Sometimes, when I’m particularly sad, and scorned by the rebuking cold of my current house’s tile flooring, I think back on my childhood home. I wonder if the carpet is still there — while admittedly cheap and rancid given the voracious youth it housed, I remember it serving as a wildly unpredictable surface for my Legos to trek across. I wonder whether or not the pink counter tops are still there — hideous and disenchanting as they were, I remember them as the backdrop to the first time I called my fourth grade girlfriend, talking her ear off about the Jonas Brothers for two hours. I wonder if they’ve finally added proper insulation in the walls, because I really could’ve gone without hearing my mother cry through them.
Above all else, I Am Easy To Find is transfixed by the dichotomy of the inevitable and ephemeral, seesawing between the exhaustive, anticipatory sluggishness of milestones, and the devastating blinks in which they depart. Considering the bizarre collaborative throes in which it was conceived, its cohesion is miraculous, and most simply defined as a transcendent coalescence of motion and melody, reinvigorating the artistic potential of visual albums in just twenty-five minutes. Whereas most records with visual accompaniment treat the tool as flashy afterthought — with neither avenue significantly enhancing the quality of the other — director Mike Mills and The National front man Matt Berningner modified the two elements in real-time, ensuring that the films’ overarching intent never get lost in the vague musings and orchestral swellings. The results are obvious – the tracks are less of an extension of the film, more so an additional appendage, each chord amplifying the potency behind its every sensory phenomenon, each lyric providing a seamless transition to the next image.
Since my first viewing (and the additional three that immediately followed), there’s a specific image that has stuck with me. The short’s chief role — a woman personified throughout by Alicia Vikander, communicating age through body language and emotive complexity — has just turned ten. A moment simply subtitled “She wants to be a dancer,” a girl twirls in an empty hallway. She stops, and extends her arms outward to hands that aren’t there. Her eyebrows twist upward, her bottom lip subtly quivering in time, begging for validation from an audience that doesn’t exist. This moment, like many others, left me sobbing harder than I ever have, often to the point of aggressive sniffles and muddied vision. In a film dictated by impressionistic slivers of life, that specific slice reigns above the rest, as I believe it to be emblematic of the comforting, all-encompassing theme hiding behind the brutal parallels and unmistakable croons: no matter where we are, how old we get, or how “put together” we think we are, we’ll always be those ten-year-old dancers, yearning for affirmation from people we won’t see twice.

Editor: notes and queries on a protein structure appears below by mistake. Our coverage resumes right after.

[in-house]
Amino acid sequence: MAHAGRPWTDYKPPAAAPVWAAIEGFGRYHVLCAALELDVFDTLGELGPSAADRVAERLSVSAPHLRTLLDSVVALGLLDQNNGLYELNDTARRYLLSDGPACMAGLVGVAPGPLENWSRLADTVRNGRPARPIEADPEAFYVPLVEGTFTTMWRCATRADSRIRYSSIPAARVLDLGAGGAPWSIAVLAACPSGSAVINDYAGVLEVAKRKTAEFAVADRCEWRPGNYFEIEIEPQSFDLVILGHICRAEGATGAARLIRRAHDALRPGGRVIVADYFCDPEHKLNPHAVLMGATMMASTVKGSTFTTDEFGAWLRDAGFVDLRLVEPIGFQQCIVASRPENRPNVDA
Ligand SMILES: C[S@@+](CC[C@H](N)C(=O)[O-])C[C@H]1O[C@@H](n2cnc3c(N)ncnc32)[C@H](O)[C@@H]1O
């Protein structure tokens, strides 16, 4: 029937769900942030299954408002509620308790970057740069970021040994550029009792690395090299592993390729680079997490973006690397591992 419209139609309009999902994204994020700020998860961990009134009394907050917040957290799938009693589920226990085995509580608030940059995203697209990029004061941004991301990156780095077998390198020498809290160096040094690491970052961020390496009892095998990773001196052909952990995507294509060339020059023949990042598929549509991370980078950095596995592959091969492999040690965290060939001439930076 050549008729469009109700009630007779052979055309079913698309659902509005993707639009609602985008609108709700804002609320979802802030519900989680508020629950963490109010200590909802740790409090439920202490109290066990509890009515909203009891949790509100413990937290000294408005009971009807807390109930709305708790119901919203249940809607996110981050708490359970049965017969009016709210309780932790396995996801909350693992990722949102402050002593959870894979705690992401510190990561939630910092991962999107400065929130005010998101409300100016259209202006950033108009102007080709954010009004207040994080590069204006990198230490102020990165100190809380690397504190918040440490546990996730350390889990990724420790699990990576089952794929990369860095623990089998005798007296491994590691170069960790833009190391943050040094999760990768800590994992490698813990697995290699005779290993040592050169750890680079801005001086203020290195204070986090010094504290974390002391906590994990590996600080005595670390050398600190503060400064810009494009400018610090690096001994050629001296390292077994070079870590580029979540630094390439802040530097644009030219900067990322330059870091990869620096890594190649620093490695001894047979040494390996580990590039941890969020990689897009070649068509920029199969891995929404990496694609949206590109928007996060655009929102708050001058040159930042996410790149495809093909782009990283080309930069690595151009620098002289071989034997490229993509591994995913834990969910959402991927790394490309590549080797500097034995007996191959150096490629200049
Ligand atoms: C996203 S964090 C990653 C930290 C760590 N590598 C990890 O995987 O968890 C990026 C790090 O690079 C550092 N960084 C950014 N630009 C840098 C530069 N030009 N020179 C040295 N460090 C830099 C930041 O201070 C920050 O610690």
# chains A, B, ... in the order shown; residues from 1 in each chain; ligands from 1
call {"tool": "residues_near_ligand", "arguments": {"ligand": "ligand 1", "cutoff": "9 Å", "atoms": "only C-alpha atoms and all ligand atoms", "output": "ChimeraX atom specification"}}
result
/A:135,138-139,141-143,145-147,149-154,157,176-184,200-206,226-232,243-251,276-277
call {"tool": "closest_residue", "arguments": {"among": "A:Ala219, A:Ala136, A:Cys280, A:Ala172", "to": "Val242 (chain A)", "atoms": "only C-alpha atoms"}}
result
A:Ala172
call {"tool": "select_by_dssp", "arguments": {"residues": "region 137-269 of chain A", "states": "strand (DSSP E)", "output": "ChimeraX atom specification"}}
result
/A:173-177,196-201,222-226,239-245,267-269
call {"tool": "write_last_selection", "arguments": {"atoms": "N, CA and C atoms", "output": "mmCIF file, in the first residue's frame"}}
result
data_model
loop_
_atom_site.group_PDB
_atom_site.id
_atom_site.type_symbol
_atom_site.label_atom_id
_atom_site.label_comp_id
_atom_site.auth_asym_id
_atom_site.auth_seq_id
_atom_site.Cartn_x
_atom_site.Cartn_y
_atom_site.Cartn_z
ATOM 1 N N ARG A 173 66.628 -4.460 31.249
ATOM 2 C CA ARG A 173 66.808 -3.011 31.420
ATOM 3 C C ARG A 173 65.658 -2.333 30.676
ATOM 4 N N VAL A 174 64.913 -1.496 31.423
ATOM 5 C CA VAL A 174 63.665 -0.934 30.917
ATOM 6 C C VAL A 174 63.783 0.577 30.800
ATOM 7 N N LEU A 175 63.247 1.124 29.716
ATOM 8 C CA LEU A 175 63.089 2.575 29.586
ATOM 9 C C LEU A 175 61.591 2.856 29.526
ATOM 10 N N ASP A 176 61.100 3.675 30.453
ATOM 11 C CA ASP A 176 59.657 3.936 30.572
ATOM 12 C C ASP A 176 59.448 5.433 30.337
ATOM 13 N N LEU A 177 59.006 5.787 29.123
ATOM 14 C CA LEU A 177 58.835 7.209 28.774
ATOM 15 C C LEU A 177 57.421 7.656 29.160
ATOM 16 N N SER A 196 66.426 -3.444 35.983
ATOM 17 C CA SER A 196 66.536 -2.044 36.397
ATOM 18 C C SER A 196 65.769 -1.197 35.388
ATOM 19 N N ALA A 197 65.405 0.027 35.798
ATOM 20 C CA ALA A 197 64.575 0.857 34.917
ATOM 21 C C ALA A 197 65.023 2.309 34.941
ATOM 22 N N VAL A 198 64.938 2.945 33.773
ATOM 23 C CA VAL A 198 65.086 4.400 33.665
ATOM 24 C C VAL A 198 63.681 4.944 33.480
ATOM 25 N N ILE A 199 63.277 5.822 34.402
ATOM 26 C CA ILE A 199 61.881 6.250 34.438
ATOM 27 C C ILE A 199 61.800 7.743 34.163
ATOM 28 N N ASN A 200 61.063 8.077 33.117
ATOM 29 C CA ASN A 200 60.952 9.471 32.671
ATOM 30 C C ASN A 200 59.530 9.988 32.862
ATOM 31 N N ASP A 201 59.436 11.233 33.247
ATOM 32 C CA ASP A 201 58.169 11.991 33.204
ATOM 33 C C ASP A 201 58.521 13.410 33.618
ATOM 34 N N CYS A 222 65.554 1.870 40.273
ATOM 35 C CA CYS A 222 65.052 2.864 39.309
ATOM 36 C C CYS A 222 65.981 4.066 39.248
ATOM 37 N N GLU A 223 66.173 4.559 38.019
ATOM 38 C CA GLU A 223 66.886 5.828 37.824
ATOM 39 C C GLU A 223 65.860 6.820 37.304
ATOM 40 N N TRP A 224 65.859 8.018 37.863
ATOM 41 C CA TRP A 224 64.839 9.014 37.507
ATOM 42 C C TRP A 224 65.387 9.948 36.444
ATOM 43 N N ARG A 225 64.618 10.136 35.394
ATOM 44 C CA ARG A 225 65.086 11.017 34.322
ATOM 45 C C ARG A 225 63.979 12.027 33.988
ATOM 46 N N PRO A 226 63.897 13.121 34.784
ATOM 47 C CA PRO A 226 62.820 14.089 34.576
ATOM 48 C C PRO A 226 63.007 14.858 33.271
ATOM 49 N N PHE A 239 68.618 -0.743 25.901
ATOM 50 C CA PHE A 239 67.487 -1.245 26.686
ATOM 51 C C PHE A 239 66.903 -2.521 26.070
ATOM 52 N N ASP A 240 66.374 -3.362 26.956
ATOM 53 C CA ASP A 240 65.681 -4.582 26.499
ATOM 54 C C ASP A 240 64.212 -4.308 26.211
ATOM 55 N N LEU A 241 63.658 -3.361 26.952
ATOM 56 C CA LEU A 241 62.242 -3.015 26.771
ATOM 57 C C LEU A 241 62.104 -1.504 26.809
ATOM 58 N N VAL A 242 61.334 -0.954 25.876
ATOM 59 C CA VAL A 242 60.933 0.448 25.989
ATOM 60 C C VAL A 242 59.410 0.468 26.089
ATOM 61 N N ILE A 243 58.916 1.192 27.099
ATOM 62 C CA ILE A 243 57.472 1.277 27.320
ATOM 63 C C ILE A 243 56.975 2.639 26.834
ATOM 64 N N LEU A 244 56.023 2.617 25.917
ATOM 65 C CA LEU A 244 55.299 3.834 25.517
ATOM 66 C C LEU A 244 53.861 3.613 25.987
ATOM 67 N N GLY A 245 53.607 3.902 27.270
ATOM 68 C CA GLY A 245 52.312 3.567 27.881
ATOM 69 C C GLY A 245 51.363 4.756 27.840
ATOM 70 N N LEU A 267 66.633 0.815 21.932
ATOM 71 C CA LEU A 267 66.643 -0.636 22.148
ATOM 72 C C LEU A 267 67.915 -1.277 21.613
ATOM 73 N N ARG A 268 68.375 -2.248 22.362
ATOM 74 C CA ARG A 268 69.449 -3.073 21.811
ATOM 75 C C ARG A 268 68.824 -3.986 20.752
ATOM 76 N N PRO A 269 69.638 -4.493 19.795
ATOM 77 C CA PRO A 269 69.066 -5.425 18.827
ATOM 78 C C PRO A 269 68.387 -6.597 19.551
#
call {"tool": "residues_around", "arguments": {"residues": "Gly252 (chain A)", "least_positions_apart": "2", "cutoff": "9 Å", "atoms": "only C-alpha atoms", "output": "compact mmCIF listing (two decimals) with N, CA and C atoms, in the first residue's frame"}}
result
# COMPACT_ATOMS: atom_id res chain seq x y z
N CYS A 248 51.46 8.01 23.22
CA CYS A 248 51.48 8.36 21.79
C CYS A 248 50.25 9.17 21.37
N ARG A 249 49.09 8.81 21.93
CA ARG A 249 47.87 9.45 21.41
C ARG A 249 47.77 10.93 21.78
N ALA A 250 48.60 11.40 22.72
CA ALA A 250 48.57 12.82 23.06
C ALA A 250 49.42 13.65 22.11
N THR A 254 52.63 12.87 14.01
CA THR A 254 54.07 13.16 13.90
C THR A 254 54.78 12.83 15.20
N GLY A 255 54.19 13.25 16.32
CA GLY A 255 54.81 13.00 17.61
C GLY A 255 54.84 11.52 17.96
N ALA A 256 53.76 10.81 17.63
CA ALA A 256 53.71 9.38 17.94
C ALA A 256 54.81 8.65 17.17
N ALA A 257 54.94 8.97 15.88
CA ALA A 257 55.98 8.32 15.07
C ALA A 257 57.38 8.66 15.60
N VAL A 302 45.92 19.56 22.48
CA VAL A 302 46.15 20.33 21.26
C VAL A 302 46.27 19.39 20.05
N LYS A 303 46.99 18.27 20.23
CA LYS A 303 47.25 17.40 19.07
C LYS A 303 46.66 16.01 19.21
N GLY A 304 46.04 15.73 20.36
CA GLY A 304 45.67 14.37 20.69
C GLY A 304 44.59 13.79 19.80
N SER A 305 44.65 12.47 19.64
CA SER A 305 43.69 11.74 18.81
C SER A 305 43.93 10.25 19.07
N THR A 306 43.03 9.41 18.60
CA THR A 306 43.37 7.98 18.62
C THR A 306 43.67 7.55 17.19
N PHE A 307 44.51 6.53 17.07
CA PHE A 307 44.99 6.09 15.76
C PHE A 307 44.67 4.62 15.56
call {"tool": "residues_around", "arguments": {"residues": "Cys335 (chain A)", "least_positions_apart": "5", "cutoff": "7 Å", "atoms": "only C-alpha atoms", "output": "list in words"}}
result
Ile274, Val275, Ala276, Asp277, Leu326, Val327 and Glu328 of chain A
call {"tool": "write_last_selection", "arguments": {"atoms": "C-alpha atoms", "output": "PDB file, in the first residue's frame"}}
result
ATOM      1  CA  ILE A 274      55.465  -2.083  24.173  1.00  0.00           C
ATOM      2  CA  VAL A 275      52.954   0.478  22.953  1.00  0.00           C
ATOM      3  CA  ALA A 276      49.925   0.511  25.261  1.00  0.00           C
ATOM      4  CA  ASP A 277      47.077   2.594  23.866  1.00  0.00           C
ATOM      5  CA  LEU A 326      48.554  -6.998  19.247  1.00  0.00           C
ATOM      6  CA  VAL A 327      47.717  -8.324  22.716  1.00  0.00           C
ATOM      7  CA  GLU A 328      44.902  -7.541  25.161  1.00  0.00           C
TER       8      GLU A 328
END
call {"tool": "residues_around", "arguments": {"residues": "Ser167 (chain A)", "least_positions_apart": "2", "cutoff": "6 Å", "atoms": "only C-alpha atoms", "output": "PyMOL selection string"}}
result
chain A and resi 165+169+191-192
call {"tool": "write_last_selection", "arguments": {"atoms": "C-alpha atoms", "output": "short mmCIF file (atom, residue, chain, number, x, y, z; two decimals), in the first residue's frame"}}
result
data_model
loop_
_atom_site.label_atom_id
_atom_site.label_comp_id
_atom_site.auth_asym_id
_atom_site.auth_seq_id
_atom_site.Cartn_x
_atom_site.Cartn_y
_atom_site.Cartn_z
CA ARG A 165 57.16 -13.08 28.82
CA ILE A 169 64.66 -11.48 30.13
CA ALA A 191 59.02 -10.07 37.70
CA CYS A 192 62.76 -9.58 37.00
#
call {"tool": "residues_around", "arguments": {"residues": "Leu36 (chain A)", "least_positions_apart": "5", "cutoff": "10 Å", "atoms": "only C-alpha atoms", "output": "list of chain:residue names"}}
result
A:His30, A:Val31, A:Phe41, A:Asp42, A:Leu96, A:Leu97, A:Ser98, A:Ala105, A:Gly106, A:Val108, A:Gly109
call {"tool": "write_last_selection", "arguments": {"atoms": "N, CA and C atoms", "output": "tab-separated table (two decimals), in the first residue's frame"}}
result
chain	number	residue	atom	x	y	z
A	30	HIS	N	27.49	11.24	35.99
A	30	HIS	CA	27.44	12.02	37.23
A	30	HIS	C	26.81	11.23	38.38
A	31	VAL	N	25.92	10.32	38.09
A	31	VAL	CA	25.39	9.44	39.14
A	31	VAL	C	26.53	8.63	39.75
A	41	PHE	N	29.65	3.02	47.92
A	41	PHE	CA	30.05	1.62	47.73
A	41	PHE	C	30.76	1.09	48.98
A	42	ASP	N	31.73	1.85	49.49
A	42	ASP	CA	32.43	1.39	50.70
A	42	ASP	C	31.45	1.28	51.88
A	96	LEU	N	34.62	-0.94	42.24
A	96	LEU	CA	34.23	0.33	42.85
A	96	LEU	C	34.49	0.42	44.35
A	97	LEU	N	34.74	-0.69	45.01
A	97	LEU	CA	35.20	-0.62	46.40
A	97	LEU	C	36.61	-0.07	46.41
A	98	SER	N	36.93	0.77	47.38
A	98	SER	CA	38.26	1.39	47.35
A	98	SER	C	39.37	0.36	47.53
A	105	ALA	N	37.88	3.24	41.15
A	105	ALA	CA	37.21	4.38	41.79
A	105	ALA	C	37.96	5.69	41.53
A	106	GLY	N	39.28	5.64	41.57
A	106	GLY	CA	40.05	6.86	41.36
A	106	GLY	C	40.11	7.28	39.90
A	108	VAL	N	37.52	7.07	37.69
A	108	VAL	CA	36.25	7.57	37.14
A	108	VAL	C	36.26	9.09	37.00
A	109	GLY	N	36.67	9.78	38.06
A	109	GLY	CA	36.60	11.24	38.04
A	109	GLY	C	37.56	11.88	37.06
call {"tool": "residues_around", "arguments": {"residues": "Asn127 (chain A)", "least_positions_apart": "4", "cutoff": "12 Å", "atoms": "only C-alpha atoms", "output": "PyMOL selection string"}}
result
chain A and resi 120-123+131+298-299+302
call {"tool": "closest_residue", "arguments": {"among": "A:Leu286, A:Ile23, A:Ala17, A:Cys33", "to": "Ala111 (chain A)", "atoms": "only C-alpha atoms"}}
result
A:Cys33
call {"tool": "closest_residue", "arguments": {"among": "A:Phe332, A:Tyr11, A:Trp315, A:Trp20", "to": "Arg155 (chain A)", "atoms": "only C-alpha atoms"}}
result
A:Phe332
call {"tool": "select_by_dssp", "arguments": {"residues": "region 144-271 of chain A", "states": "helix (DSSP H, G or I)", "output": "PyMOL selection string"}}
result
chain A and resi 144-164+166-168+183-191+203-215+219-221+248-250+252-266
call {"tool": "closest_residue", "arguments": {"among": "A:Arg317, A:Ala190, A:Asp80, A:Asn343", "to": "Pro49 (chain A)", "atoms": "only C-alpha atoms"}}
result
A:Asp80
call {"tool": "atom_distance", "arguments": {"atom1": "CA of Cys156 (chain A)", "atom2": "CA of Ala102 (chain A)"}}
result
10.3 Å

Recently, upon finding myself with an empty schedule and a full tank of gas, I stopped by my childhood home. Strangers fill its walls now, married parents to a growing son and a dog that looks too much like mine. My old basketball hoop is gone, as is the invasive, weed-like bush my mom and I never cared to cut down. The sole oak tree in the backyard, a natural umbrella that served as my only solace on sweltering summer days, looks much smaller than I remember. I wonder if that kid treasures his carpet just as much as I did. I wonder if he hears his mother crying through the walls.